The Central Bureau of Statistics expects 3.4% growth in 2013, below the Bank of Israel forecast of 3.8%.
16 September 13 14:35, Adrian Filut
The Central Bureau of Statistics today published its growth forecast, which includes especially worrying figures. It forecasts 3.4% GDP growth in 2013, the same as in 2012. The Bank of Israel forecasts 3.8% growth this year. The Central Bureau of Statistics also forecasts that business product, the engine of economic growth, will grow by 3.5% in 2013, barely changed from the 3.4% growth in 2012.
The growth mix is very worrying, and indicates the economy’s problems. Firstly, the Central Bureau of Statistics sees no growth in exports (excluding diamonds), an important growth engine, due to the recession in the eurozone and low growth in the US. It forecasts a 3.6% drop in industrial exports in 2013, which will be offset by more than 9% growth in services exports (excluding tourism). Tourism services exports are barely changed in 2013.
More worrying is the forecast of a 1% drop in housing construction in 2013. Investment in housing can shed light, and even partly explain the surge in home prices: the growth in housing construction fell from 13% in 2010, to 12% in 2011, 5.4% in 2012. There was a sharp drop in housing construction in 2009.
Growth in investment in fixed assets is projected to fall to 2.4% from 3.5% in 2012 and 16% in 2011. The drop in investment is one of the most worrying indicators. The Central Bureau of Statistics also forecasts that the growth in investment in economic sectors will to fall to 3%.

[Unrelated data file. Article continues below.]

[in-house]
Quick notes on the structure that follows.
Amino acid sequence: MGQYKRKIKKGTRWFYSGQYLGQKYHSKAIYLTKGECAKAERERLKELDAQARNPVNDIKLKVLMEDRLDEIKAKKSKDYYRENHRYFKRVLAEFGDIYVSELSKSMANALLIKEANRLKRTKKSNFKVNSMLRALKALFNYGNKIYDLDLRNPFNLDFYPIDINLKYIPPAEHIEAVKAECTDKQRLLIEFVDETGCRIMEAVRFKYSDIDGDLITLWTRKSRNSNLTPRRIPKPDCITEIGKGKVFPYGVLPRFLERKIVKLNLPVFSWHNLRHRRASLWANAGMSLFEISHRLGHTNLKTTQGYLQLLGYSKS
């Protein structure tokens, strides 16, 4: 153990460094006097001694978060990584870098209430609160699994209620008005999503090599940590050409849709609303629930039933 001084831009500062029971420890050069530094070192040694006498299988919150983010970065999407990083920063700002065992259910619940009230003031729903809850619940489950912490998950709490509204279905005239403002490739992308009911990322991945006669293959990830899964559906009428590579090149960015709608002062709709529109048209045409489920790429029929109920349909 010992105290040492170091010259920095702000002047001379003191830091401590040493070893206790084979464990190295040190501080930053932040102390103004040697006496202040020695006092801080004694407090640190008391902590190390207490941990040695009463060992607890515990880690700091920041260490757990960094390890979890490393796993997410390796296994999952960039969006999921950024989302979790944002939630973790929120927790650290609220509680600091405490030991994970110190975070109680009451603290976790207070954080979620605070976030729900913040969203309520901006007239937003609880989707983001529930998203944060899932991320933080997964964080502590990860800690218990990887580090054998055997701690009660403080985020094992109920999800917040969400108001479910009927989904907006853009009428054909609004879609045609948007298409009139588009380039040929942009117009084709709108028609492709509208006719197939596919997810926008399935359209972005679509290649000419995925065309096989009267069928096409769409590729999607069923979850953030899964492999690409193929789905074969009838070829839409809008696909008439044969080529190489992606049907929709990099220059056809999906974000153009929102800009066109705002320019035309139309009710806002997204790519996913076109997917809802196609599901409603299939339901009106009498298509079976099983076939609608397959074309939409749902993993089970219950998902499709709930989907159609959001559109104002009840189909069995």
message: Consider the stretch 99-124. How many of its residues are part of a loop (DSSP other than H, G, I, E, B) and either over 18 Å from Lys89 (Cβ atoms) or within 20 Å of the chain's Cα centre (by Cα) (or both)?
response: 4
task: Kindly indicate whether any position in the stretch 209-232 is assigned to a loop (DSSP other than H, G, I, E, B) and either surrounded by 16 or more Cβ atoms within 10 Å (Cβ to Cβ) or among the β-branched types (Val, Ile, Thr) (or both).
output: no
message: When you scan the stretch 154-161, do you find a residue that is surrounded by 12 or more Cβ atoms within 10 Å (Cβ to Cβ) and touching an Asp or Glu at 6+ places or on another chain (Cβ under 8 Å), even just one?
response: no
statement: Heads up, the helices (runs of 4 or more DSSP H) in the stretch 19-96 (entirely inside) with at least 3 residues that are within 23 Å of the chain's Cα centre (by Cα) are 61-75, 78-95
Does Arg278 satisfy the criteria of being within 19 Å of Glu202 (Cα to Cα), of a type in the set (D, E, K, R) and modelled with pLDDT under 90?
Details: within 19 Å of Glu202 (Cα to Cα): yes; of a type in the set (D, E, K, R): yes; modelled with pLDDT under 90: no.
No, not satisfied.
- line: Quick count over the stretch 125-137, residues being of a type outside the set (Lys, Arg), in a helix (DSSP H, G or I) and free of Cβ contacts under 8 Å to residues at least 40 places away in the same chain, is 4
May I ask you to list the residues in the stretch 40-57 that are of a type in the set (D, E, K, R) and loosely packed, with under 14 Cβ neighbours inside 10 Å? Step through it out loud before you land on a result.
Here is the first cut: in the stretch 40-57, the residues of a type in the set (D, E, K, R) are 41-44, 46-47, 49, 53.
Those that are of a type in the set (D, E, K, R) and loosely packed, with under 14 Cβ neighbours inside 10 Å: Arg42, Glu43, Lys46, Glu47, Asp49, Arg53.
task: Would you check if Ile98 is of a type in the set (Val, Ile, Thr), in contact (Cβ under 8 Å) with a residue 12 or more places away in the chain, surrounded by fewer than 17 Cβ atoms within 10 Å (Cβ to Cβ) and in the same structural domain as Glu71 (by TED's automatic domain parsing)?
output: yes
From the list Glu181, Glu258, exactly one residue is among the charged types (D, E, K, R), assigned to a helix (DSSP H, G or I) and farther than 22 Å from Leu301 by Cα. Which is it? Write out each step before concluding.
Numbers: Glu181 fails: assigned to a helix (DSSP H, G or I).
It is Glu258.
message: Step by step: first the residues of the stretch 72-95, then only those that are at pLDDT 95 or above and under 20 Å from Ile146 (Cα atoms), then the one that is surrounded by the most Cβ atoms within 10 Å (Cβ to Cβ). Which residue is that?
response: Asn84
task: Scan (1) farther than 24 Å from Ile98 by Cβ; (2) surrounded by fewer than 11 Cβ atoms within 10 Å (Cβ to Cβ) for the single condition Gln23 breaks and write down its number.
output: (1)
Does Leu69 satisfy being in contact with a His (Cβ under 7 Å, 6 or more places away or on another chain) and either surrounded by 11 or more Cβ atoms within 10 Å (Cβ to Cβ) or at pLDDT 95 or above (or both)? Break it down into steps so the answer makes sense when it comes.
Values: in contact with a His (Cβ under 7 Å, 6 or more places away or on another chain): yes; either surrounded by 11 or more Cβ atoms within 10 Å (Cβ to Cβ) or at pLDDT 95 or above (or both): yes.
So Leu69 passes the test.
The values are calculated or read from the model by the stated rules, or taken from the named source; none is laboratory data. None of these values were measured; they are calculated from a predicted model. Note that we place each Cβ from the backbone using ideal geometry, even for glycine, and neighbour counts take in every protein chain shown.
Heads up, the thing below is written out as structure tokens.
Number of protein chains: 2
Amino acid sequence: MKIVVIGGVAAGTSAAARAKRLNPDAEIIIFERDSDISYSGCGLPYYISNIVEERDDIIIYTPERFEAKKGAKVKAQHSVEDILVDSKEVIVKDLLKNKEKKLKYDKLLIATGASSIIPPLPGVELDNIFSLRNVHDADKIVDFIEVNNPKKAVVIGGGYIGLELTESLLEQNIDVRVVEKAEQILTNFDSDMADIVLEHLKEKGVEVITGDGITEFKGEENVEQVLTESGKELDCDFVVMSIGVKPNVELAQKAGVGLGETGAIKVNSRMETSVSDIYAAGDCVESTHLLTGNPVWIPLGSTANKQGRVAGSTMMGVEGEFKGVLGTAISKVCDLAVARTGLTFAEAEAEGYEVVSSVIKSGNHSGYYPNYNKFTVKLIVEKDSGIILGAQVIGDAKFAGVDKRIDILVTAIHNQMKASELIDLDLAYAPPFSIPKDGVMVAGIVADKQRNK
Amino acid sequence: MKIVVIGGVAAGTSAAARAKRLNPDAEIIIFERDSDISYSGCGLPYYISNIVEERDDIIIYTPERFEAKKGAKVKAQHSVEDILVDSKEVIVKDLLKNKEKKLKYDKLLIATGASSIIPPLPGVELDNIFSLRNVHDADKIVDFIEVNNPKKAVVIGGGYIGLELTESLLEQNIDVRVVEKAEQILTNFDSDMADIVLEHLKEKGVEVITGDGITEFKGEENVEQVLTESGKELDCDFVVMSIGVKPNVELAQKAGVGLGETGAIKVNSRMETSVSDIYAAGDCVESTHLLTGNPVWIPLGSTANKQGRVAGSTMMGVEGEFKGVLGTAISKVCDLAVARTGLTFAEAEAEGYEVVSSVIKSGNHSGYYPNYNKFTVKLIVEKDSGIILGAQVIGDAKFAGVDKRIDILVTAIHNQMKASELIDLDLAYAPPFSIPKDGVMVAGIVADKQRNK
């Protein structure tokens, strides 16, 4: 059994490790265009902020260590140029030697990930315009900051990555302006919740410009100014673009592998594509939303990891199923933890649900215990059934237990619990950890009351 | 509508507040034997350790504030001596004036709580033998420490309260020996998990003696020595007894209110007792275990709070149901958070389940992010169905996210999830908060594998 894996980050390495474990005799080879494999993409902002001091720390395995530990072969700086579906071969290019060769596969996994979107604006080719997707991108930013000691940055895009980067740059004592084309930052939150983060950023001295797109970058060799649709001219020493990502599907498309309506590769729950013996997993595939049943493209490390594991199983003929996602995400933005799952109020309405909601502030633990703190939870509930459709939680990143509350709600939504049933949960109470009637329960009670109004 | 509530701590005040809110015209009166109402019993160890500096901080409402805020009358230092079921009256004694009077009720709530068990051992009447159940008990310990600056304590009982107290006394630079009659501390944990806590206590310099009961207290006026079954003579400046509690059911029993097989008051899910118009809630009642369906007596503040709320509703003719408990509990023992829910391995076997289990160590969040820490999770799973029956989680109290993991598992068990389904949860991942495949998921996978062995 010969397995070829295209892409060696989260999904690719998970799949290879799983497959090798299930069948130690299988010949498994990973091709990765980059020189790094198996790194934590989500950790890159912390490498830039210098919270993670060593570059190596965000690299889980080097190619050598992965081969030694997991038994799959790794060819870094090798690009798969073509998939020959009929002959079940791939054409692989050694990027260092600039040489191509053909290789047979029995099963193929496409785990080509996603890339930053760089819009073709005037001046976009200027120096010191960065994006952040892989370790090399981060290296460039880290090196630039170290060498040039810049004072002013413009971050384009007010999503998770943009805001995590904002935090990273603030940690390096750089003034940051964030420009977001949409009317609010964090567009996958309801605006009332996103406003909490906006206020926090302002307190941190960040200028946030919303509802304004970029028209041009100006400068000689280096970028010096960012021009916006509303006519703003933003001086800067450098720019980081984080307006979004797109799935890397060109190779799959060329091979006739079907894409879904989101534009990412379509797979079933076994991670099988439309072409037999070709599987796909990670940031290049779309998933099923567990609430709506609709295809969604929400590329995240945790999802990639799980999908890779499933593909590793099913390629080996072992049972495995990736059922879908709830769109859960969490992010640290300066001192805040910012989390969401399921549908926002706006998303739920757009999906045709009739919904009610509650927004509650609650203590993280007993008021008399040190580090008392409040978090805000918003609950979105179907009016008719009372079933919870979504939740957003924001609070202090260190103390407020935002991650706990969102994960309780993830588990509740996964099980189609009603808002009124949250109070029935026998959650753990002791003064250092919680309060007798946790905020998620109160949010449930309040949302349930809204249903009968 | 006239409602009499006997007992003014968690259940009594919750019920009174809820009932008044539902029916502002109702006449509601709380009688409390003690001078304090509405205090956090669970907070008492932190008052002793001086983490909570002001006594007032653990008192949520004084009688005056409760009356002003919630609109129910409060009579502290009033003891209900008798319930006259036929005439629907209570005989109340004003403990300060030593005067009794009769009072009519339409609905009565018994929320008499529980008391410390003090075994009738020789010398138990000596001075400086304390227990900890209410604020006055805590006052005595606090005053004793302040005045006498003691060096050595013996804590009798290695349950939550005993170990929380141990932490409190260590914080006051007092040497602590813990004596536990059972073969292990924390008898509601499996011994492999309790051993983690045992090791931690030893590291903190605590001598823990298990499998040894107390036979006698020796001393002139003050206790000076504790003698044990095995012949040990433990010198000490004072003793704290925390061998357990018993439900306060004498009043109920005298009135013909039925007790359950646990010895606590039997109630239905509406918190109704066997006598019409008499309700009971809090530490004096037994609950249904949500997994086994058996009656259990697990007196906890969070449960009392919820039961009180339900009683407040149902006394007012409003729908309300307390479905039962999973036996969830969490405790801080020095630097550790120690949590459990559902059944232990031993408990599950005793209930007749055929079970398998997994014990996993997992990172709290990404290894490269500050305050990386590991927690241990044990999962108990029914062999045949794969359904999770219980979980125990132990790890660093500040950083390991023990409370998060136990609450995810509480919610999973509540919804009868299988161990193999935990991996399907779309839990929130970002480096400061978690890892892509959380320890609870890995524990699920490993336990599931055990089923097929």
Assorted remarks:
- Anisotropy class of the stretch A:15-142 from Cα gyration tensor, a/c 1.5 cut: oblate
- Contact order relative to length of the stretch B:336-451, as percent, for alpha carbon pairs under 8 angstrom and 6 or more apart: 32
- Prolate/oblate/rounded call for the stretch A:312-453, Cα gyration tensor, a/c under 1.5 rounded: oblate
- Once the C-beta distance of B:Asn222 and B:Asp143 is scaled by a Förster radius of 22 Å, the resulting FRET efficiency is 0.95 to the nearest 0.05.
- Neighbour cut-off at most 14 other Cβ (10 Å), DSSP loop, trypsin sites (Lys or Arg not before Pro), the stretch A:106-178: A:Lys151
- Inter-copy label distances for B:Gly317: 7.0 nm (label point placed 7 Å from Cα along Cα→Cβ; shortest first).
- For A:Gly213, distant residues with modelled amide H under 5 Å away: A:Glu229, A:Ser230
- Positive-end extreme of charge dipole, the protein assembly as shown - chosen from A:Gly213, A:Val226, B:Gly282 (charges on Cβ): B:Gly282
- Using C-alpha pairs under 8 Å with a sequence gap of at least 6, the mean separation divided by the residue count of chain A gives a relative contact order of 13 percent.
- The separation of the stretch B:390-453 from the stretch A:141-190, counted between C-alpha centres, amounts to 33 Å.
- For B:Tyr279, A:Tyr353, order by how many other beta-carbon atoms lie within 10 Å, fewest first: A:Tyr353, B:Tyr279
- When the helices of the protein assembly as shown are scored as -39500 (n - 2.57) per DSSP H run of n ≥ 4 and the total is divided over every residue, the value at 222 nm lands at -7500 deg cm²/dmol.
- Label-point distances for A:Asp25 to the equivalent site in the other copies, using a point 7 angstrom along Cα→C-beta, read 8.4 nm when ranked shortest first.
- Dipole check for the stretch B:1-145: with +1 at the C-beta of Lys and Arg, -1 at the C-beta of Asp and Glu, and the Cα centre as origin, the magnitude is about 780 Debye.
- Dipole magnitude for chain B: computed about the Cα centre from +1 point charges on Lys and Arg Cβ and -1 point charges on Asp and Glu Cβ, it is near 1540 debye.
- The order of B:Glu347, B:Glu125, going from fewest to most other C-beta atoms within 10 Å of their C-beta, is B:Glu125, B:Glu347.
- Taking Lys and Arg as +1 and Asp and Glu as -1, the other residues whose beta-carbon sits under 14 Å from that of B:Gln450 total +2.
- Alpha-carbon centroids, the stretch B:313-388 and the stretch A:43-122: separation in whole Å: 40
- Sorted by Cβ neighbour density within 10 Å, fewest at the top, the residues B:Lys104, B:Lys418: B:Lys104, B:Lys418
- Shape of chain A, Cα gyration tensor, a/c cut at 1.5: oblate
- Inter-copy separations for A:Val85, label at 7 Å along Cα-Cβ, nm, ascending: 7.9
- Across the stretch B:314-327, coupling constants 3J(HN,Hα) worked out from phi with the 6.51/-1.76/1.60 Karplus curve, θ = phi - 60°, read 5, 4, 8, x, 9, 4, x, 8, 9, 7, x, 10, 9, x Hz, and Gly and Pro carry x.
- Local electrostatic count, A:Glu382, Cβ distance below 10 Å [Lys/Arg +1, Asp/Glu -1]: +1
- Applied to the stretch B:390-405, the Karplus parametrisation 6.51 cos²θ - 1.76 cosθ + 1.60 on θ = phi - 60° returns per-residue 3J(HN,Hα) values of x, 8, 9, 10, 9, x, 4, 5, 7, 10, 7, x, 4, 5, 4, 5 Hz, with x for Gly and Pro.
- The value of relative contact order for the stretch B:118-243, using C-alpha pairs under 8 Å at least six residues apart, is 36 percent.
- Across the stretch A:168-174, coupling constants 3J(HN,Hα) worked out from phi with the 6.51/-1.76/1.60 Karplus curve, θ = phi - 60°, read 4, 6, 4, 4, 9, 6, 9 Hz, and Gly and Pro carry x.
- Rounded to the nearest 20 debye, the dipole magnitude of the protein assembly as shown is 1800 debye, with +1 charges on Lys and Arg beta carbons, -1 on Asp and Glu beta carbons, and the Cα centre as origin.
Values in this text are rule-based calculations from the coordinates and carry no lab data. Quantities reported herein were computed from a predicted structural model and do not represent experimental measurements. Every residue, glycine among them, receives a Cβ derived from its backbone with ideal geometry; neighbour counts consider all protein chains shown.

This means that economic growth in 2013 will come from public investment, i.e. government intervention, which is projected to grow by 2.3%. The Central Bureau of Statistics projects a small 0.3% drop in defense consumption.
The only positive development in the Central Bureau of Statistics data is 4% growth in private consumption in 2013, more than in both 2011 and 2012. The standard of living is forecast to rise by 2.1% in 2013 from 1.4% in 2012. More important is the increase in private consumption of durable goods to 3% in 2013 compare with the 1.7% drop in 2012.
Imports also indicate an economic slowdown. The Central Bureau of Statistics forecasts imports will be 2% less in 2013 than in 2012. It predicts that imports excluding diamonds, ships, planes, and defense will fall by 3.6% compared with 2012.
Despite Israel’s economic slowdown, its growth rate in 2013 is projected to be well above the OECD average of 1.2%, and the 0.6% contraction in the Eurozone.
Published by Globes [online], Israel business news – www.globes-online.com – on September 16, 2013
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